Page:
My second attempt met the positivity requirement, but it had other difficulties. A common way to create a polymorphic lists of length n is:

Inductive Vector (A : Set) : nat -> Set :=
  | Vnil : Vector A 0
  | Vcons : forall (a : A) (n : nat), 
       Vector A n -> Vector A (S n).

Using this I could have defined Term like:

Variable L : Language.

Inductive Term1 : Set :=
  | var1 : nat -> Term1
  | apply1 : forall f : Functions L, 
       (Vector Term1 (arity L (inr _ f))) -> Term1.

My difficulty with this definition was that the induction principle generated by Coq is too weak to work with.

Instead I created two mutually inductive types: Term and Terms.

Variable L : Language.

Inductive Term : Set :=
  | var : nat -> Term
  | apply : forall f : Functions L, 
       Terms (arity L (inr _ f)) -> Term
with Terms : nat -> Set :=
  | Tnil : Terms 0
  | Tcons : forall n : nat, 
       Term -> Terms n -> Terms (S n).

Again the automatically generated induction principle is too weak, so I used the Scheme command to generate suitable mutual-inductive principles.

The disadvantage of this approach is that useful lemmas about Vectors must be reproved for Terms. Some of these lemmas are quite tricky to prove because of the dependent type. For example, proving forall x : Terms 0, Tnil = x is not easy.

Recently, Marche has shown me that the Term1 definition would be adequate. One can explicitly make a sufficient induction principle by using nested Fixpoint functions.

Definition of Formula

The definition of Formula was straightforward.

Inductive Formula : Set :=
  | equal : Term -> Term -> Formula
  | atomic : forall r : Relations L, Terms (arity L (inl _ r)) -> 
  | impH : Formula -> Formula -> Formula
  | notH : Formula -> Formula
  | forallH : nat -> Formula -> Formula.

I defined the other logical connectives in terms of impH, notH, and forallH.

The H at the end of the logic connectives (such as impH) stands for “Hilbert” and is used to distinguish them from Coq’s connectives.

For example, the formula ¬x0x1x0 = x1 would be represented by:

notH (forallH 0 (forallH 1 (equal (var 0) (var 1))))

It would be nice to use higher order abstract syntax to handle bound variables by giving forallH the type (Term -> Formula) -> Formula. I would represent the above example as:

notH (forallH (fun x : Term => 
        (forallH (fun y : Term => (equal x y)))))

This technique would require addition work to disallow “exotic terms” that are created by passing a function into forallH that does a case analysis on the term and returning entirely different formulas in different cases. Despeyroux et al. address this problem by creating a complicated predicate that only valid formulas satisfy.

Another choice would have been to use de Bruijn indexes to eliminate named variables. However dealing with free and bound variables with de Bruijn indexes can be difficult.

Using named variables allowed me to closely follow Hodel’s work. Also, in order to help persuade people that the statement of the incompleteness theorem is correct, it is helpful to make the underlying definitions as familiar as possible.

Renaming bound variables turned out to be a constant source of work during development because variable names and terms were almost always abstract. In principle the variable names could conflict, so it was constantly necessary to consider this case and deal with it by renaming a bound variable to a fresh one. Perhaps it would have been better to use de Bruijn indexes and a deduction system that only deduced closed formulas.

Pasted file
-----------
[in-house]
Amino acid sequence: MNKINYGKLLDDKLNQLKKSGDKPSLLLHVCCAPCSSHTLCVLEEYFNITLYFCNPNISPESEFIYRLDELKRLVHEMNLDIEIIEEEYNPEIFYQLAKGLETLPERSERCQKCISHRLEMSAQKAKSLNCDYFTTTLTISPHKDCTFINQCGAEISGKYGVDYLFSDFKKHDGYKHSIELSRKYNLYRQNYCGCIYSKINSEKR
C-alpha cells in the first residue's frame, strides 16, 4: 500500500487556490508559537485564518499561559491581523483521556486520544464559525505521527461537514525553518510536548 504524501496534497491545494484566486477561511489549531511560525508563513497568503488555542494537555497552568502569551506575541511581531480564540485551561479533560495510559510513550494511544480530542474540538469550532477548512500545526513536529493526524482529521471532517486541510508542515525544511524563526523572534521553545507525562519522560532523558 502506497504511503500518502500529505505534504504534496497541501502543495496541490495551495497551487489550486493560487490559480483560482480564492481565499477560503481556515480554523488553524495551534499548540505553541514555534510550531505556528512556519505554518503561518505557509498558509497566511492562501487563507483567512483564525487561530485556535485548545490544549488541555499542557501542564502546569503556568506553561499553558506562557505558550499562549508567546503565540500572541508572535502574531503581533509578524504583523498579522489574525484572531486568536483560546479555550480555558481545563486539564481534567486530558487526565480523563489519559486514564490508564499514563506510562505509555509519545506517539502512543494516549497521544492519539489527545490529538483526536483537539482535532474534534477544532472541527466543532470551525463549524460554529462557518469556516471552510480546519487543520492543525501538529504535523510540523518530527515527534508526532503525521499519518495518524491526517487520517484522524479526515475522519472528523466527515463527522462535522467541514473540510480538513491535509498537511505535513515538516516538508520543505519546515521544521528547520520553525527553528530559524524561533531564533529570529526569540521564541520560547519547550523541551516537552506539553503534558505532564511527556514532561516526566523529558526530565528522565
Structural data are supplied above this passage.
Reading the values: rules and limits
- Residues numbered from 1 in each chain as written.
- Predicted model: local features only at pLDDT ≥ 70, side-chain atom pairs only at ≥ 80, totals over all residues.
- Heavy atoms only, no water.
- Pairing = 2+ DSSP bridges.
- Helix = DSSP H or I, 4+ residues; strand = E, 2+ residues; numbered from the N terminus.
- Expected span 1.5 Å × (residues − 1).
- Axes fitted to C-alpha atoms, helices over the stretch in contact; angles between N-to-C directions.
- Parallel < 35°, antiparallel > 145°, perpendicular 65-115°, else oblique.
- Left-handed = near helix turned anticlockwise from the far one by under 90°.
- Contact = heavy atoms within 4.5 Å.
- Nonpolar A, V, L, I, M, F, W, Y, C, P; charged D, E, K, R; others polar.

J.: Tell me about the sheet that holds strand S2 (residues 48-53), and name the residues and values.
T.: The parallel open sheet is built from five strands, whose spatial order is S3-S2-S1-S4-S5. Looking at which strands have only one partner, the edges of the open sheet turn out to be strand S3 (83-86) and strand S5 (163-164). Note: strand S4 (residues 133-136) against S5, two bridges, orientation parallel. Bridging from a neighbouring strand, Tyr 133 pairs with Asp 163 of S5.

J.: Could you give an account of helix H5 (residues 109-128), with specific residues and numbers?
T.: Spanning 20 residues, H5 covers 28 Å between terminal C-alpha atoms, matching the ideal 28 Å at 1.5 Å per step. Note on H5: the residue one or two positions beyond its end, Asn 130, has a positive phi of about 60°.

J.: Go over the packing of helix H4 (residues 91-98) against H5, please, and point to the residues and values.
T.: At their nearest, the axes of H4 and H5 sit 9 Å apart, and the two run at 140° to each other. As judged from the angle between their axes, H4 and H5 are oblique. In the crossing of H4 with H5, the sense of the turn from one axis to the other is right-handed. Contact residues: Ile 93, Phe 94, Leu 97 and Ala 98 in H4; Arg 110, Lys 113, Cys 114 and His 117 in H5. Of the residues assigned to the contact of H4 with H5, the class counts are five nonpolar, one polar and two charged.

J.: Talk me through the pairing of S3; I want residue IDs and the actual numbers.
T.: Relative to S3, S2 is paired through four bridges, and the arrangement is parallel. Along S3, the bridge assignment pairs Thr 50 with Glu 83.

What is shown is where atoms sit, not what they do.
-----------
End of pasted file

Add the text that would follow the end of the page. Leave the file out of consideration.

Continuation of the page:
Definition of substituteFormula

I defined the function substituteFormula to substitute a term for all occurrences of a free variable inside a given formula. While the definition of substituteTerm is simple structural recursion, substitution for formulas is complicated by quantifiers. Suppose we want to substitute the term s for xi in the formula xjφ and i ≠ j. Suppose xj is a free variable of s. If we naïvely perform the substitution then the occurrences of xj in s get captured by the quantifier. One common solution to this problem is to disallow substitution for a term s when s is not substitutable for xi in φ. The solution I take is to rename the bound variable in this case.

(xjφ)[xi/s] ≝ xk. (φ[xj/xk])[xi/s] where k ≠ i and xk is not free in φ or s

Unfortunately this definition is not structurally recursive. The second substitution operates on the result of the first substitution, which is not structurally smaller than the original formula. Coq will not accept this recursive definition as is; it is necessary to prove the recursion will terminate. I proved that substitution preserves the depth of a formula, and that each recursive call operates on a formula of smaller depth.

One of McBride’s mantras says, If my recursion is not structural, I am using the wrong structure (241). In this case, my recursion is not structural because I am using the wrong recursion. Stoughton shows that it is easier to define substitution that substitutes all variables simultaneously because the recursion is structural. If I had made this definition first, I could have defined substitution of one variable in terms of it and many of my difficulties would have disappeared.

Definition of Prf

I defined the inductive type (Prf Gamma phi) to be the type of proofs of phi, from the list of assumptions Gamma.

Inductive Prf : Formulas -> Formula -> Set :=
  | AXM : forall A : Formula, Prf (A :: nil) A
  | MP : forall (Axm1 Axm2 : Formulas) (A B : Formula),
      Prf Axm1 (impH A B) -> Prf Axm2 A -> 
         Prf (Axm1 ++ Axm2) B
  | GEN : forall (Axm : Formulas) (A : Formula) (v : nat),
      ~ In v (freeVarListFormula L Axm) -> Prf Axm A -> 
         Prf Axm (forallH v A)